They paused and gazed up at me with sheer terror painted across their faces.

“WHAT HAVE YOU DONE?!?!?!?!”

I was sweating… screaming….shaking.

There was nothing I wanted more in that moment than to make those boys experience the same pain that they had put my child through.

It was a foreign, overbearing outburst of pain that could have ended completely catastrophically.

I thank God for giving me control that I didn’t have in me at that moment.

Control to not KILL two children- something I never dreamed of ever needing control for.

“Take me to your parents, NOW!”

I hissed.

My husband caught up with us as I hysterically caught him up to pace with what was going on.

We were headed for parents who were nowhere in sight, even with all of the commotion going on.

Were these parents even going to care…?!

Their physical lack of presence and the fact that their children are beating other children up didn’t give me a favorable first impression.

Everything about this situation made me angry.

Fifteen seconds into our mission we were intervened upon by a bystander who defended that they were “probably just playing”.

Karissa was too shaken up to verify what I had not seen with my own eyes.

Taking a deep breath as I whispered a prayer.

“I didn’t see what happened so I’m not going to waste any more time on this…

Violence is absolutely unacceptable and it will not be tolerated.

Remember that someone is always watching.”

I declared, as we turned to go back to camp.

Advice I needed to hear myself as well.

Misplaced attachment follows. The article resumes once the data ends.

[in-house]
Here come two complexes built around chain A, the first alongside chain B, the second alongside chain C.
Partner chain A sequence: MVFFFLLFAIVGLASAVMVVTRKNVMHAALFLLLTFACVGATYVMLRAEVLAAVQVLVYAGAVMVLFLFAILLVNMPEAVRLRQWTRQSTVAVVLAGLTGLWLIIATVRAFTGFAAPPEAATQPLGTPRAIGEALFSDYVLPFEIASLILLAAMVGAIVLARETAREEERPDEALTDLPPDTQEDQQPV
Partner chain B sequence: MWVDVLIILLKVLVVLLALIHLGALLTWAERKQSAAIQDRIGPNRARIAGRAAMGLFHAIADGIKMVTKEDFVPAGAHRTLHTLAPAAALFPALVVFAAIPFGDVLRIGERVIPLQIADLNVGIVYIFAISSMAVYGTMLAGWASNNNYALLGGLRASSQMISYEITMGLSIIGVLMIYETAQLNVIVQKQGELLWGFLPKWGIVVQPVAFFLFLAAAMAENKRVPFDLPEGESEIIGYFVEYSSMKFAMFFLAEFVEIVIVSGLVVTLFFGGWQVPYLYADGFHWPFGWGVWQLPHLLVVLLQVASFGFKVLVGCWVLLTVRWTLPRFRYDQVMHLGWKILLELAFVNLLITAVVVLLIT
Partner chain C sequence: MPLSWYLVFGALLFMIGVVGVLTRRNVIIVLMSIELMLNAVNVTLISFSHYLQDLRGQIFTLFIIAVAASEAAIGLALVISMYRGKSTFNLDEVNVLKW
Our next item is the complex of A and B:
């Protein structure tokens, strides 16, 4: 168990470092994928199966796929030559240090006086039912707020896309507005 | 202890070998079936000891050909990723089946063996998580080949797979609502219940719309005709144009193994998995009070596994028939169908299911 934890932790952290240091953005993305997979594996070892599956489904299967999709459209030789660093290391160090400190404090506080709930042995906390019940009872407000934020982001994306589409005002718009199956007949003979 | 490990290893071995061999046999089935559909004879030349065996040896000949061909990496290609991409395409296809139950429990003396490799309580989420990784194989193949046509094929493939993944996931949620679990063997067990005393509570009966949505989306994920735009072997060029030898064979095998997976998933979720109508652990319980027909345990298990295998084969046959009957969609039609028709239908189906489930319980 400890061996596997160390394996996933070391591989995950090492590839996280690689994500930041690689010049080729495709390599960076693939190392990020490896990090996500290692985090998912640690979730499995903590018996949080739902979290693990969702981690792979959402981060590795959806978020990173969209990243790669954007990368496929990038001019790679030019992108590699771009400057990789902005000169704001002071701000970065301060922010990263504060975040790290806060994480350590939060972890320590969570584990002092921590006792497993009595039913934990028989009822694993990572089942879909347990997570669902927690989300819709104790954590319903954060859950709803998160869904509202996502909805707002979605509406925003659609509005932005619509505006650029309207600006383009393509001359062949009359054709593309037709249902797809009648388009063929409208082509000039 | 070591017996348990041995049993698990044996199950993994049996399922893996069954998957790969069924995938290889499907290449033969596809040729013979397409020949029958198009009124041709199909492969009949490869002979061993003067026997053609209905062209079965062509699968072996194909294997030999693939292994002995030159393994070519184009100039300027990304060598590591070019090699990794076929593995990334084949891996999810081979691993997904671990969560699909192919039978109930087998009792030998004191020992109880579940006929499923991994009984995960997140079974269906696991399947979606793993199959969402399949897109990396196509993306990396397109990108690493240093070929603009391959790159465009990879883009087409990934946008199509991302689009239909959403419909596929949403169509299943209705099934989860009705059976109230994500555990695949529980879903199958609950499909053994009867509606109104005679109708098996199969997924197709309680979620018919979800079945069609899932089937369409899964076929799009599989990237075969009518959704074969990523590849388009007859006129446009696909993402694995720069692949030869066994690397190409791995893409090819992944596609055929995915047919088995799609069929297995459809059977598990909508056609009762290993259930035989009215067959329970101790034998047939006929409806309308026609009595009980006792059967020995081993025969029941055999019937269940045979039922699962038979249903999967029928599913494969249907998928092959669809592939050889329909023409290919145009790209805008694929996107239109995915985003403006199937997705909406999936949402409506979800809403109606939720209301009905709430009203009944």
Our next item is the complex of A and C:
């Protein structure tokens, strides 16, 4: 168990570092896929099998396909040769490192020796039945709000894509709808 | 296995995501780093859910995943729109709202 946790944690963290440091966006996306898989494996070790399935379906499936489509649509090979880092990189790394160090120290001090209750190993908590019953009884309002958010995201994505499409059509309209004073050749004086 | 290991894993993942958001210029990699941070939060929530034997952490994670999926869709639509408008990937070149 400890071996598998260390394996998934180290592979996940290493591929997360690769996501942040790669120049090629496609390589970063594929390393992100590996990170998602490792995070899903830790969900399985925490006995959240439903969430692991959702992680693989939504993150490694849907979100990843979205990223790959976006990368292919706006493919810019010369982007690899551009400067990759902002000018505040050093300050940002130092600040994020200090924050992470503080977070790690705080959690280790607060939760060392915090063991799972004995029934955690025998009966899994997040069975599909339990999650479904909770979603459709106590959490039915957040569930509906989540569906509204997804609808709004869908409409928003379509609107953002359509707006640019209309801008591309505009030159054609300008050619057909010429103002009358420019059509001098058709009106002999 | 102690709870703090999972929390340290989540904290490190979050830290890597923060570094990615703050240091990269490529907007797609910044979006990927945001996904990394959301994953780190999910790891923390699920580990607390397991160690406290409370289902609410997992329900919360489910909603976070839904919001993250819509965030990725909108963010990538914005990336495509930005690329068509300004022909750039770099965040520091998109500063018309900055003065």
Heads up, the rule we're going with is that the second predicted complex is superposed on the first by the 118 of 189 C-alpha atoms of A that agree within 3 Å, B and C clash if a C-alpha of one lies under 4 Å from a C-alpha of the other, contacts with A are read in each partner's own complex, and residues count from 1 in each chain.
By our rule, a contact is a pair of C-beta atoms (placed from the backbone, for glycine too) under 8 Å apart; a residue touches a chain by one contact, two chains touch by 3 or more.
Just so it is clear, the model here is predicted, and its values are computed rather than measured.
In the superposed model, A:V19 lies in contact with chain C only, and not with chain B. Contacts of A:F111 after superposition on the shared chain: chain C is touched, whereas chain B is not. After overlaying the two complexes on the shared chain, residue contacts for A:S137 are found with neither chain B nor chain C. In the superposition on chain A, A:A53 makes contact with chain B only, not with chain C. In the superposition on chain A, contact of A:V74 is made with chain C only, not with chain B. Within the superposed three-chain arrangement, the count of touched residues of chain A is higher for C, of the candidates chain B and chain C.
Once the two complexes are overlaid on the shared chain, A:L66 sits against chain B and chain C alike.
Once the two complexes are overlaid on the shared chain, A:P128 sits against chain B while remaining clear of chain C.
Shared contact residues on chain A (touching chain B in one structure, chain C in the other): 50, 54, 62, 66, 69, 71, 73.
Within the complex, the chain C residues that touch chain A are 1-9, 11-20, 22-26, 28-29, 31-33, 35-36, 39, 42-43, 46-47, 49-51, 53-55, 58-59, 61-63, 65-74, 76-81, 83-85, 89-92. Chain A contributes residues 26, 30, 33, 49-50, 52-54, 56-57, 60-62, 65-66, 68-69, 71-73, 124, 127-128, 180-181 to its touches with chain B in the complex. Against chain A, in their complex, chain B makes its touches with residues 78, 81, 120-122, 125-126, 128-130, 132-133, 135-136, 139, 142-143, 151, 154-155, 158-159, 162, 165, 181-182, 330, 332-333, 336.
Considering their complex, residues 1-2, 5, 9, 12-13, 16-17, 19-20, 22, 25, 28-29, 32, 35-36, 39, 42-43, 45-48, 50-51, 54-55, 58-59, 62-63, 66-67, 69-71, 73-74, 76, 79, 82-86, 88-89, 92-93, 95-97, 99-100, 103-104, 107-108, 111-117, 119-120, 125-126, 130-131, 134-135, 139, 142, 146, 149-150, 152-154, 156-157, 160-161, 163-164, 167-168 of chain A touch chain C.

Per Karissa’s request, we would wait to discuss the incident until we got home.

If the boys were at the playground, we would go to the river or animal farm instead.

When the time came to have that heart to heart, she confirmed that the boys had punched her multiple timesnot playing but in an effort to hurt her.

That admittance made me break into a million pieces all over again.

Tears poured down my cheeks as I held her tightly, apologizing repeatedly for failing to keep her safe.

Karissa is thankfully doing just fine.❤️

She remains the little “angel in my ear”,

Lord…what do you want me to learn from this?

This was an experience that required some self reflection after.

Inflicting the same pain on those boys would have accomplished nothing aside from creating an even bigger monster inside of them.

I saw a side of myself that I didn’t know was in there.

A side angry enough to almost put my hands on someone’s child.

Please remember that it’s not fair to judge how someone reacts in a situation until you’ve been in that situation yourself.

I’m telling you this because THIS COULD BE ANYONE!

I’ve never really imagined how I would react if this type of thing happened but even if I had, my prediction wouldn’t have been accurate.

Planning lacks emotion.

There is literally no pain worse than when your child is in pain.

When I agreed to bring a life into this world I also agreed to do absolutely everything in my power to keep them safe.

I’ve learned that no matter how hard we try to keep our kids safe, their safety is never guaranteed.

We can make plans, but only God can make those plans happen.

It’s not worth wasting your life trying to avoid all risk…

Your story has already been written and your future is inevitable.

Instead of hiding from your fears, pray about them.

Exercise caution as appropriate but live life FEARLESSLY.

That is something that you ARE in control of.

Amen🙏

Check out my blog Project Identity for more❤️

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Tell me to eat? I’ll starve myself.